One of the conclusions of the article indicates that the new technological environment calls for reconsidering the ’exclusive domain of national Hydrographic Offices’ (HOs) and suggests that the private sector could in future produce ‘unofficial charts’ that would be superior to ’official’ charts produced by the HOs.
But these views reflect a misunderstanding of the situation, according to Gilles Bessero.

I believe that encouraging the community to think about the impact of new technologies is always a good thing, especially in an environment that is often considered, whether rightly or wrongly, as rather conservative.
The question as to which organizations should be entrusted with the production of nautical charts as a key enabler of safe navigation is the subject of recurrent debate.
As a matter of fact, this was originally an activity run mostly by private chartmakers and chart information was considered a trade secret.

Detailed Depot De La Marine's sea chart of the region centered on Jamaica, with the southern part of Cuba and western end of Hispaniola.
This detailed map of Jamaica, shown divided into parishes, includes strong topographical details with many coastal toponyms, as well as the coastlines of southern Cuba and western Haiti.
The Dépôt de la Marine, known more formally as the Dépôt des cartes et plans de la Marine, was the central charting institution of France.
The centralization of hydrography in France began in earnest when Jean-Baptiste Colbert became First Minister of France in 1661.
Under his watch, the first Royal School of Hydrography began operating, as did the first survey of France’s coasts (1670-1689).
In 1680, Colbert consolidated various collections of charts and memoirs into a single assemblage, forming the core of sources for what would become the Dépôt.
The Dépôt itself began as the central deposit of charts for the French Navy.
In 1720, the Navy consolidated its collection with those government materials covering the colonies, creating a single large repository of navigation.
By 1737, the Dépôt was creating its own original charts and, from 1750, they participated in scientific expeditions to determine the accurate calculation of longitude.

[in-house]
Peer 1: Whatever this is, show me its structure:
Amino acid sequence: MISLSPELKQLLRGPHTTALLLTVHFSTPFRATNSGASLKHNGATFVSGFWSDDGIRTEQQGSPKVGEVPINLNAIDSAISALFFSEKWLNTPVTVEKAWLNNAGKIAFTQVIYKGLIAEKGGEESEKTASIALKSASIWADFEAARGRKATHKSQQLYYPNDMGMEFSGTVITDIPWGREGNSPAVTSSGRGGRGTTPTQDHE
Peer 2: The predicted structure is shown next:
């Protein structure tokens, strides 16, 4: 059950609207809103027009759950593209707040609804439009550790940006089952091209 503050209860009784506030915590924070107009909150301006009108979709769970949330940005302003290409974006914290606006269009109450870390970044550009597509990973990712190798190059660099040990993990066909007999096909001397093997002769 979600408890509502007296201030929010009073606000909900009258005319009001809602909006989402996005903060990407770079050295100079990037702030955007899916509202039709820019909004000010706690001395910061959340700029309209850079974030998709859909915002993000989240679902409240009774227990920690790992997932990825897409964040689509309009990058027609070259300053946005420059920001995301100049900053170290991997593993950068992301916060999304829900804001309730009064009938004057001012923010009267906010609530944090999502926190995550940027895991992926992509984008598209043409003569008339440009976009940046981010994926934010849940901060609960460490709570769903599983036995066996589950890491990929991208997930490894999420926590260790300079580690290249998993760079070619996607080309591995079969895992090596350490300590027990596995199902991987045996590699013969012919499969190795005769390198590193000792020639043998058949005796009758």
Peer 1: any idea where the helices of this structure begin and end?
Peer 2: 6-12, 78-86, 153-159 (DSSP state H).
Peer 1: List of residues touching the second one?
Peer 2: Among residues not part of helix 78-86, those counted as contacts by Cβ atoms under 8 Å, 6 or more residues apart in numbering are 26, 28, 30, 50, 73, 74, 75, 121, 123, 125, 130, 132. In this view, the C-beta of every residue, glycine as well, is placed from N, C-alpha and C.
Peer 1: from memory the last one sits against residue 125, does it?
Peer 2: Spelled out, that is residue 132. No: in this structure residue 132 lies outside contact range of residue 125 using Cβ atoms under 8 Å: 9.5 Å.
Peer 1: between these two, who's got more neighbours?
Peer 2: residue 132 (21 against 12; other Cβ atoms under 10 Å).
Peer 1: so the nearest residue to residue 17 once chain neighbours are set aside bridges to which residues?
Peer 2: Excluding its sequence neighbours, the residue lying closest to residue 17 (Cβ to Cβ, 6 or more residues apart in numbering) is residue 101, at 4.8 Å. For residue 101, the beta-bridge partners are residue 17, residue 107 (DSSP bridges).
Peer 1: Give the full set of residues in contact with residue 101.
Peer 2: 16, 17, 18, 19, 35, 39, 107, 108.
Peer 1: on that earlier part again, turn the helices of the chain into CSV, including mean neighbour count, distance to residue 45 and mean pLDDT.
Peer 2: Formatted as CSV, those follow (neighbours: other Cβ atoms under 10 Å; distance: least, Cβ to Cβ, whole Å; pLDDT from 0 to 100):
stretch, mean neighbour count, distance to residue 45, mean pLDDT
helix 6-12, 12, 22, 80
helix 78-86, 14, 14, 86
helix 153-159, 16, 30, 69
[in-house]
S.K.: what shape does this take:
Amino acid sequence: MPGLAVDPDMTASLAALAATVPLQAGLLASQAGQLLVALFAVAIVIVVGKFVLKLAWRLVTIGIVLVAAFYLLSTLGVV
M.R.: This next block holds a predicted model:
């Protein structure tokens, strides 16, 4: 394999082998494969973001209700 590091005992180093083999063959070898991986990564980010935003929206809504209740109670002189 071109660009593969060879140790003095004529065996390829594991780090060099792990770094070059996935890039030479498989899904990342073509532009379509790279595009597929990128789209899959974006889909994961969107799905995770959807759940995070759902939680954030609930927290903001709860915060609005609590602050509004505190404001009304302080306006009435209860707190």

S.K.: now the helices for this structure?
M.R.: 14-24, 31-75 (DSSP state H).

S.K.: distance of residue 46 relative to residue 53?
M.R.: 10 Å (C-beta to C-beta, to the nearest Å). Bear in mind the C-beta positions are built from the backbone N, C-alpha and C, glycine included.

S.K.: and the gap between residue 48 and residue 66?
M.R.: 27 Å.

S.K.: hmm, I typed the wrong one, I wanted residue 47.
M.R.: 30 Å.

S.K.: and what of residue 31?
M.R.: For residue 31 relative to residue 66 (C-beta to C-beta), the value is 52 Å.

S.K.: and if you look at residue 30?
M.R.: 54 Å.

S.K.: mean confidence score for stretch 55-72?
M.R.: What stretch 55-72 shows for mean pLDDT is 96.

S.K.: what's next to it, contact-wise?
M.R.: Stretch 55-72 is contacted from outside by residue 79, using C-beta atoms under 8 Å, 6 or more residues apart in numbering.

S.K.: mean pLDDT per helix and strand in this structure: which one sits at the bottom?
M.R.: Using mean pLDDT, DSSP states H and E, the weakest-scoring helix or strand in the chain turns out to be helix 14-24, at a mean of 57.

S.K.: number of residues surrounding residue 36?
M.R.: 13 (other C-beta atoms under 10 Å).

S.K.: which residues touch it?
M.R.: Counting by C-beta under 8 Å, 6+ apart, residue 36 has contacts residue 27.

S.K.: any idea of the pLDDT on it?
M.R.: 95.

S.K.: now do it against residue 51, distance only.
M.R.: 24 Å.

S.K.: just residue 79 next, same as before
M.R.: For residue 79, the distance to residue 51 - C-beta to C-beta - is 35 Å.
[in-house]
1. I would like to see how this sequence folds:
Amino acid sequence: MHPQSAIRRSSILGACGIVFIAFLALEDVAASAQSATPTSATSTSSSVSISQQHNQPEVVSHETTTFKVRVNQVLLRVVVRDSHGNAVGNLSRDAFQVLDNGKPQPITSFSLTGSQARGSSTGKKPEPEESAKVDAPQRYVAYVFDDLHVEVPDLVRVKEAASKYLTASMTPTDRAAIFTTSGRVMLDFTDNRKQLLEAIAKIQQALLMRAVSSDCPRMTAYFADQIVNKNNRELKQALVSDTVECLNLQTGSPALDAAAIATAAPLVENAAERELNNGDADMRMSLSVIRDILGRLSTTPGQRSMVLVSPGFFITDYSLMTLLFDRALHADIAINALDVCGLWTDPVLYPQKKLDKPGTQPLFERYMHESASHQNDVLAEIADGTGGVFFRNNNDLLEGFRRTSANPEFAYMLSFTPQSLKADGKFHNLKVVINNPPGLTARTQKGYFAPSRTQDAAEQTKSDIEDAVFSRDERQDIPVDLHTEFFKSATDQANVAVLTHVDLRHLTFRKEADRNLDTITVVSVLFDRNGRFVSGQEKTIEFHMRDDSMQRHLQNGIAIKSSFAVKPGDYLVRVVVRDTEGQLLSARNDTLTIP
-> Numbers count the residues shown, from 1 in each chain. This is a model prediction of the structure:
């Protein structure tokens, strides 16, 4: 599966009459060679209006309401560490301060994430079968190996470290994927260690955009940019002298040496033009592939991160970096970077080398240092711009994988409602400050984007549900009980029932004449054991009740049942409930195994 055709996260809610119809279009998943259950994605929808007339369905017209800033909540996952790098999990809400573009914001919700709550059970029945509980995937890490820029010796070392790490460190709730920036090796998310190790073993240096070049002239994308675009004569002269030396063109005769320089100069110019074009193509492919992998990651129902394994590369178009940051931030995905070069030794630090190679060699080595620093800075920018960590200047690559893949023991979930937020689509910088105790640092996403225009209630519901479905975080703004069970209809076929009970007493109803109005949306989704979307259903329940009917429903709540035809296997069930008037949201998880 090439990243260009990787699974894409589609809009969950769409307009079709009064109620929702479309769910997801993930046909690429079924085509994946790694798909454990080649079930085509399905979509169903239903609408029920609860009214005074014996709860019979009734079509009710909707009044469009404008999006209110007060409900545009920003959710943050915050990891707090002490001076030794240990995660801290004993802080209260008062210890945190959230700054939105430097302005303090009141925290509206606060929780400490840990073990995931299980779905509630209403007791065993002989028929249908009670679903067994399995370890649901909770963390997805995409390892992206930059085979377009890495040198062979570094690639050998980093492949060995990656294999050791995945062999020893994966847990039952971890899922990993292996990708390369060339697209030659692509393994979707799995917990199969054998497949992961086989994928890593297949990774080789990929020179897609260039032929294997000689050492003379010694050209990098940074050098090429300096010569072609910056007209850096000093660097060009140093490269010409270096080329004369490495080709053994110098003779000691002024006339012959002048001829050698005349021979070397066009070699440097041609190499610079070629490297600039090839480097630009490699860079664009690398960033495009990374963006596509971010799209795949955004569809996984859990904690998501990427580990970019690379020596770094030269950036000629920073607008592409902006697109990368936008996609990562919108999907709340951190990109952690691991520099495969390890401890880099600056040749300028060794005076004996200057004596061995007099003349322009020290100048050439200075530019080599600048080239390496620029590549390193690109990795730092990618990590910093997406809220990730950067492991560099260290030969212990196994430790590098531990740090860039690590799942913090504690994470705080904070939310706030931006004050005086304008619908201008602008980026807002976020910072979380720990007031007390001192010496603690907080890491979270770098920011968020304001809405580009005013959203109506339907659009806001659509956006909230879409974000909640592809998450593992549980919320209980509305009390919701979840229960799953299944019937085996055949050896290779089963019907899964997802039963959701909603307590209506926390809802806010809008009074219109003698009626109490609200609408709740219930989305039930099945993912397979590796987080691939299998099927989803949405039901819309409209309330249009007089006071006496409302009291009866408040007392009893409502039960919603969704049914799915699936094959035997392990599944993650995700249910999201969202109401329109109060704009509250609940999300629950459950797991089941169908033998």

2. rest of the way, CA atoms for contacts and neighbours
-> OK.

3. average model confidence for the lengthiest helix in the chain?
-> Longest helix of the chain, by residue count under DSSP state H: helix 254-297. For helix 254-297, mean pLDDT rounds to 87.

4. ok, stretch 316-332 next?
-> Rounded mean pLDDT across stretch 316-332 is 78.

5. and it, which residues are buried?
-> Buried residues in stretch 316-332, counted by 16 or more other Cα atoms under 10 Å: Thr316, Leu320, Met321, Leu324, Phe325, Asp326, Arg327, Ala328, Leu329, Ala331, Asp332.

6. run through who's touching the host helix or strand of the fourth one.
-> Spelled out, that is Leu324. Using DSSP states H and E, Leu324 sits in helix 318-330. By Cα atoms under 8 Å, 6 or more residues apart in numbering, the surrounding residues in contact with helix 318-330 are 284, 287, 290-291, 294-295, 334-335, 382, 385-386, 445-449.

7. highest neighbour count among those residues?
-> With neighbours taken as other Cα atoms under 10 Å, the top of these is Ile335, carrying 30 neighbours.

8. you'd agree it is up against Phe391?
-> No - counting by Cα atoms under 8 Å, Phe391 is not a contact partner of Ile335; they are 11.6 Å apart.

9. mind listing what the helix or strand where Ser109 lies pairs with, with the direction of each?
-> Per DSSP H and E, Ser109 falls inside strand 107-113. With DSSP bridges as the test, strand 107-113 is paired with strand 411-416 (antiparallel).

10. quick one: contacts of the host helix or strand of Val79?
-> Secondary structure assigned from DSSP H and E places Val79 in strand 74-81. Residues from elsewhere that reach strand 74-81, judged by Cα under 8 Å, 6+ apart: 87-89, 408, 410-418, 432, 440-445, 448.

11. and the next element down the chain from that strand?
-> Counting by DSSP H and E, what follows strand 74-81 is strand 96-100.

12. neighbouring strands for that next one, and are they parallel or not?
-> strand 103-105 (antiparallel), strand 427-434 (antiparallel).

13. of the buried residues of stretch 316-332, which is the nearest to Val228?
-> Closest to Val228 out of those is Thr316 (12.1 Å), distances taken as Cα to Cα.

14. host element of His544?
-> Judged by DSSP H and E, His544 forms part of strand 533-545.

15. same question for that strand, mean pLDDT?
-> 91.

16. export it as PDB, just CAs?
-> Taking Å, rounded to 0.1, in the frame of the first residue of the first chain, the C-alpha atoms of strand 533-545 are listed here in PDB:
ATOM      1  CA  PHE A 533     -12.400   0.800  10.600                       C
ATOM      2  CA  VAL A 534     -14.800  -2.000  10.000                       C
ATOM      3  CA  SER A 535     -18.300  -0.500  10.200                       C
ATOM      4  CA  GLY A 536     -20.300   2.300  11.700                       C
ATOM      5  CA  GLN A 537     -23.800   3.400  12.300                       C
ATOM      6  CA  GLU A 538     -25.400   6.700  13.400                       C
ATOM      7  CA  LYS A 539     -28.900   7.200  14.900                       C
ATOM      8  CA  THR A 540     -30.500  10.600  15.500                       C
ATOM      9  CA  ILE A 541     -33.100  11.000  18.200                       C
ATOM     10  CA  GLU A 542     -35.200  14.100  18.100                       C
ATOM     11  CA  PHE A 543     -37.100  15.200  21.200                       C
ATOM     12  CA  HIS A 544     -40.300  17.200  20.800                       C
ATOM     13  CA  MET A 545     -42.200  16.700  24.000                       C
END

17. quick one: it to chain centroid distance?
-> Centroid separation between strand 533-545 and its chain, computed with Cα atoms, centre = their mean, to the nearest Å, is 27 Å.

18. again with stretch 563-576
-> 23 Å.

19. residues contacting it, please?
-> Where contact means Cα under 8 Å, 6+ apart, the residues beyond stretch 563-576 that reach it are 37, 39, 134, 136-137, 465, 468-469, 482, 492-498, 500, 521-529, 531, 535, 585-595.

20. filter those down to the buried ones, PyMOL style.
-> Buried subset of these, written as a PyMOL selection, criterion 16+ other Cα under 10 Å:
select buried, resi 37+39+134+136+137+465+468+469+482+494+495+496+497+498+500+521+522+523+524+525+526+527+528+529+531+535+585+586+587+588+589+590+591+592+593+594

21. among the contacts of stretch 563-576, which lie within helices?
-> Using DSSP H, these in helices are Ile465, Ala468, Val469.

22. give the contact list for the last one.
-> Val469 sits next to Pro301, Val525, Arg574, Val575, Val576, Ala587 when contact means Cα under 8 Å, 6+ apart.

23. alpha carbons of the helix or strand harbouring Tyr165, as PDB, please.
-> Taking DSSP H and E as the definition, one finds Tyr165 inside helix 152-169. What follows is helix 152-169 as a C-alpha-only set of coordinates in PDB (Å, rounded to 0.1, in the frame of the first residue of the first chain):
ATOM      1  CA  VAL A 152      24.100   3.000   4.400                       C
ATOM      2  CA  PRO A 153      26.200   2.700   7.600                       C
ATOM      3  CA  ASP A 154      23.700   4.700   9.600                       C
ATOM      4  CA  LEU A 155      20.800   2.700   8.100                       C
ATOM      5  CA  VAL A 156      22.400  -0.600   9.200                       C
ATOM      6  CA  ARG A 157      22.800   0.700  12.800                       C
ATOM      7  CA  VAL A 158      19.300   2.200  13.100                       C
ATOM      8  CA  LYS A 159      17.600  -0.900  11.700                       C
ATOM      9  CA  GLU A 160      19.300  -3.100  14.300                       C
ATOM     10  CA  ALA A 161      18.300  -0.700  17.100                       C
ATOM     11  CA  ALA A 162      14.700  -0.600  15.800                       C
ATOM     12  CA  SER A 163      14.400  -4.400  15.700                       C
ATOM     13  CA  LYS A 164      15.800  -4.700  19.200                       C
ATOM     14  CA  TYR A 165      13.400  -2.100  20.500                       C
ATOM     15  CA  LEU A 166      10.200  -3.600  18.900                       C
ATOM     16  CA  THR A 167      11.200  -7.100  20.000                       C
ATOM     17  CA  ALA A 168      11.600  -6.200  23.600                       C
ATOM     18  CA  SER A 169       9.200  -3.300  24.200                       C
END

In 1773, the Dépôt received a monopoly over the composition, production, and distribution of navigational materials, solidifying their place as the main producer of geographic knowledge in France.
Dépôt-approved charts were distributed to official warehouses in port cities and sold by authorized merchants.
The charts were of the highest quality, as many of France’s premier mapmakers worked at the Dépôt in the eighteenth century, including Philippe Bauche, Jacques-Nicolas Bellin, Rigobert Bonne, Jean Nicolas Buache, and Charles-François Beautemps-Beaupré.
The Dépôt continued to operate until 1886, when it became the Naval Hydrographic Service.
In 1971, it changed names again, this time to the Naval and Oceanographic Service (SHOM).
Although its name has changed, its purpose is largely the same, to provide high quality cartographic and scientific information to the France’s Navy and merchant marine.

France was the first country to establish a national Hydrographic Office in 1720.
The rationale behind this initiative was that more warships were being lost at sea because of lack of access to charts than in combat.
The benefit of assigning a dedicated public organization to the task of collecting all available information, compiling it and making it available through ’official’ nautical charts was progressively recognized and all maritime nations followed the lead of France more or less rapidly.
Some private chartmaking continued into the 20th century but it was generally focused on the specific needs of the leisure market.
The obligation for ships to carry adequate and up-to-date nautical charts and publications was introduced in the International Convention for the Safety of Life at Sea (SOLAS) of 1974 (regulation V/20) but the provisions related to the production of adequate nautical charts and publications were left at the discretion of the Contracting Governments.

Carte de la rade de Brest en 1779.
 Chart of Brest with the GeoGarage platform (SHOM 2018)